(Pocket-lint) - In the first year without the Kindle branding, the Fire tablets have responded to the threat Tesco's Hudl poses it seems. Tesco is about to unveil its follow-up device to the incredibly successful family-centric tablet from last year and Amazon has adapted its entry level devices to fire the opening salvo.
The main difference with the Fire HD tablets this year, which come in 6- and 7-inch sizes, is that they are multicoloured and fun. The 6-inch version is especially cheap and cheerful, available from £79 and small enough to fit in a handbag or suit pocket. Indeed, its screen is only 0.5-inches larger than the new iPhone 6 Plus, but we can guarantee that it won't bend.
Amazon told us, in fact, that the new tablets broke the torsion testing machine, not the other way around, and that rigidity is purely intentional. Amazon wanted the Fire HD tablets to withstand a bashing and that means they are suitable for all members of a family.
Also designed to satisfy family needs is the new profile mode, which allows you to create different profiles for each member of the family, thereby offering their own content on their own homescreen. However, sometimes everyone wants to share the same applications, books or videos, so Family Library functionality enables just that.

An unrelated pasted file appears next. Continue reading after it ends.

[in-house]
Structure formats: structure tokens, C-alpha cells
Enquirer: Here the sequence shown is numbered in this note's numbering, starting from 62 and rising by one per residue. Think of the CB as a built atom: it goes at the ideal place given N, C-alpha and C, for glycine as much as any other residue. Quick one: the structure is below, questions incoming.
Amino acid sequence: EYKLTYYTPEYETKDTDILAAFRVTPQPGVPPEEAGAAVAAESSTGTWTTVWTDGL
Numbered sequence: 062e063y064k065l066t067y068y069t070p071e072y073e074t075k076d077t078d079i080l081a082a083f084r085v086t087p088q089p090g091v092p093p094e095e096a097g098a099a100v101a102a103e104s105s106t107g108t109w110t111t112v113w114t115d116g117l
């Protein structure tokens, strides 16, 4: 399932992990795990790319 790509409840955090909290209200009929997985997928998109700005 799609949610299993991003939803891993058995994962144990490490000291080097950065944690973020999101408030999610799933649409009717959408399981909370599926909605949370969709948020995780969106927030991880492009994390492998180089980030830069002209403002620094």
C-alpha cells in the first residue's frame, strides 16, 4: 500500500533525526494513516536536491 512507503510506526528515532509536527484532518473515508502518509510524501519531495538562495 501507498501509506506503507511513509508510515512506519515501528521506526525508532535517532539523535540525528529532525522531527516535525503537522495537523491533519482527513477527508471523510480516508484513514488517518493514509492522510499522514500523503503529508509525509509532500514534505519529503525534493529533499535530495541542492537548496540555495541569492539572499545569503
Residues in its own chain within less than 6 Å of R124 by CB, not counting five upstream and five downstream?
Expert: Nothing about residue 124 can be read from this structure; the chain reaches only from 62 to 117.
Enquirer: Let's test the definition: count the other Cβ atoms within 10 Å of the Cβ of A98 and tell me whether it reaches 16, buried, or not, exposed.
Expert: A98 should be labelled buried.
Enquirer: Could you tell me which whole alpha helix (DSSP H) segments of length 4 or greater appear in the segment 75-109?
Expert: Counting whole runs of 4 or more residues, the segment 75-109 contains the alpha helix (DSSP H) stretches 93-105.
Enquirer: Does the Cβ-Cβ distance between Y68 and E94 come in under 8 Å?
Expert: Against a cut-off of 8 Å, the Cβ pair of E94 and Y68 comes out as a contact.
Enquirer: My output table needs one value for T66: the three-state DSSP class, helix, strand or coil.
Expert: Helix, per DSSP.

All content can be shared across the entire family or just specific profile owners. But in the case of eBooks, for example, each member has their own bookmarks. Dad, therefore, can be reading the same book as mum but leave his bookmark in a different place. The Fire HD will recognise where each member has left off and flick to that page accordingly depending on profile.
That's one of the features of Fire OS 4 that comes pre-installed and one that we saw working for real during a chance to go hands-on with the new tablets at Amazon's London headquarters.
Both models, the 6- and 7-inch, have screen resolutions of 1280 x 800, which might only equate to 252ppi and 216ppi respectively, but they look sharp and detailed, especially so for a tablet with such an entry level price.
In addition, the fact they have quad-core processors - 1.5GHz on each - means that they are much smoother and capable of running more graphics intensive applications than many other rivals on the market.
Of course, the final choice for the consumer is whether they are fans of the Fire OS front-end or if they want more flexibility, the sort a normal Android device offers, but that's something to go into further when it comes to the full review.
For now, we can safely say that Amazon has created a desirable couple of devices that don't take themselves too seriously, especially for the price.